15.3.3. 202 Accepted . . . . . . . . . . . . . . . . . . . . 151 15.3.3. 202 Accepted . . . . . . . . . . . . . . . . . . . . 152
15.3.4. 203 Non-Authoritative Information . . . . . . . . . 151 15.3.4. 203 Non-Authoritative Information . . . . . . . . . 152
15.3.5. 204 No Content . . . . . . . . . . . . . . . . . . . 152 15.3.5. 204 No Content . . . . . . . . . . . . . . . . . . . 153
15.3.6. 205 Reset Content . . . . . . . . . . . . . . . . . 152 15.3.6. 205 Reset Content . . . . . . . . . . . . . . . . . 153
15.3.7. 206 Partial Content . . . . . . . . . . . . . . . . 153 15.3.7. 206 Partial Content . . . . . . . . . . . . . . . . 154
15.3.7.1. Single Part . . . . . . . . . . . . . . . . . . 154 15.3.7.1. Single Part . . . . . . . . . . . . . . . . . . 155
15.3.7.2. Multiple Parts . . . . . . . . . . . . . . . . . 154 15.3.7.2. Multiple Parts . . . . . . . . . . . . . . . . . 155
15.3.7.3. Combining Parts . . . . . . . . . . . . . . . . 156 15.3.7.3. Combining Parts . . . . . . . . . . . . . . . . 157
15.4. Redirection 3xx . . . . . . . . . . . . . . . . . . . . 156 15.4. Redirection 3xx . . . . . . . . . . . . . . . . . . . . 157
15.4.1. 300 Multiple Choices . . . . . . . . . . . . . . . . 159 15.4.1. 300 Multiple Choices . . . . . . . . . . . . . . . . 159
15.4.2. 301 Moved Permanently . . . . . . . . . . . . . . . 160 15.4.2. 301 Moved Permanently . . . . . . . . . . . . . . . 160
15.4.3. 302 Found . . . . . . . . . . . . . . . . . . . . . 160 15.4.3. 302 Found . . . . . . . . . . . . . . . . . . . . . 161
15.4.4. 303 See Other . . . . . . . . . . . . . . . . . . . 161 15.4.4. 303 See Other . . . . . . . . . . . . . . . . . . . 161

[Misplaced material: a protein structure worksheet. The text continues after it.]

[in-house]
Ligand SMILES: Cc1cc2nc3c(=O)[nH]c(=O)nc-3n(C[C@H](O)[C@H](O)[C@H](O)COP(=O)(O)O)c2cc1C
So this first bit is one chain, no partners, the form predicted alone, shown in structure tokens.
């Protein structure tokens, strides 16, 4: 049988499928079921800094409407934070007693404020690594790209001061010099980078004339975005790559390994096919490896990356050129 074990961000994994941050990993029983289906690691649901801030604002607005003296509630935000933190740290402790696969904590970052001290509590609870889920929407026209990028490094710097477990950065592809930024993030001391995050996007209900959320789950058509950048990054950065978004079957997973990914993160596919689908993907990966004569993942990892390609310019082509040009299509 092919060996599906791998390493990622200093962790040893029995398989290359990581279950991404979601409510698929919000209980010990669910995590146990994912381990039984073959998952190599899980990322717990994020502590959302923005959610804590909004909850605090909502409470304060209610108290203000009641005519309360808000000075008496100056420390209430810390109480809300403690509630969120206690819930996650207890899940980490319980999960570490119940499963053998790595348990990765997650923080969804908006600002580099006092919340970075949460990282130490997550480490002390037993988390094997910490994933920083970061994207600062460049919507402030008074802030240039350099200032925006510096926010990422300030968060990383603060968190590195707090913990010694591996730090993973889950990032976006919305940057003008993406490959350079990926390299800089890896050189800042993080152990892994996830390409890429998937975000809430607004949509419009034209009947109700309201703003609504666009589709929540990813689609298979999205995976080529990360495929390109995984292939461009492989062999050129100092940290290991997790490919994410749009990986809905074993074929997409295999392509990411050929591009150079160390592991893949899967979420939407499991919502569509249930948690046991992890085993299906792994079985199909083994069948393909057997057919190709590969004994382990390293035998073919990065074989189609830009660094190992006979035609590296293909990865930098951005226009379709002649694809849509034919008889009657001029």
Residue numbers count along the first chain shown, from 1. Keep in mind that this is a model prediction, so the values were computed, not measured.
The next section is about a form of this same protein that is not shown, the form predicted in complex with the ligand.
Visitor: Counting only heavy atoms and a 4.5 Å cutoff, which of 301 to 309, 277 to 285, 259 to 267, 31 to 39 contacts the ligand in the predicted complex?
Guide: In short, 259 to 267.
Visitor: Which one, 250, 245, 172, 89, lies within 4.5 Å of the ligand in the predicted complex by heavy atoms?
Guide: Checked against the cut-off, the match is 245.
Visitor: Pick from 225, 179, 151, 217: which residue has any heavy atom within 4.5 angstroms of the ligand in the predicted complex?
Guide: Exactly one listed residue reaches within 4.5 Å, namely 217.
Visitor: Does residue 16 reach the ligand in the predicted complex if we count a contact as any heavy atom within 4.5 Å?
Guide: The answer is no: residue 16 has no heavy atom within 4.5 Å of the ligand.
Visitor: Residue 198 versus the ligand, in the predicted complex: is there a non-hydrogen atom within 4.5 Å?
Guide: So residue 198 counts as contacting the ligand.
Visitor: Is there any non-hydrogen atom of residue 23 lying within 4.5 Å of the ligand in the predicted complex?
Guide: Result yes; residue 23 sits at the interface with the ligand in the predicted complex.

15.4.5. 304 Not Modified . . . . . . . . . . . . . . . . . . 161 15.4.5. 304 Not Modified . . . . . . . . . . . . . . . . . . 162
15.4.6. 305 Use Proxy . . . . . . . . . . . . . . . . . . . 162 15.4.6. 305 Use Proxy . . . . . . . . . . . . . . . . . . . 163
15.4.7. 306 (Unused) . . . . . . . . . . . . . . . . . . . . 162 15.4.7. 306 (Unused) . . . . . . . . . . . . . . . . . . . . 163
15.4.8. 307 Temporary Redirect . . . . . . . . . . . . . . . 162 15.4.8. 307 Temporary Redirect . . . . . . . . . . . . . . . 163
15.4.9. 308 Permanent Redirect . . . . . . . . . . . . . . . 163 15.4.9. 308 Permanent Redirect . . . . . . . . . . . . . . . 163
15.5. Client Error 4xx . . . . . . . . . . . . . . . . . . . . 163 15.5. Client Error 4xx . . . . . . . . . . . . . . . . . . . . 164
15.5.1. 400 Bad Request . . . . . . . . . . . . . . . . . . 163 15.5.1. 400 Bad Request . . . . . . . . . . . . . . . . . . 164
15.5.2. 401 Unauthorized . . . . . . . . . . . . . . . . . . 163 15.5.2. 401 Unauthorized . . . . . . . . . . . . . . . . . . 164
15.5.3. 402 Payment Required . . . . . . . . . . . . . . . . 164 15.5.3. 402 Payment Required . . . . . . . . . . . . . . . . 164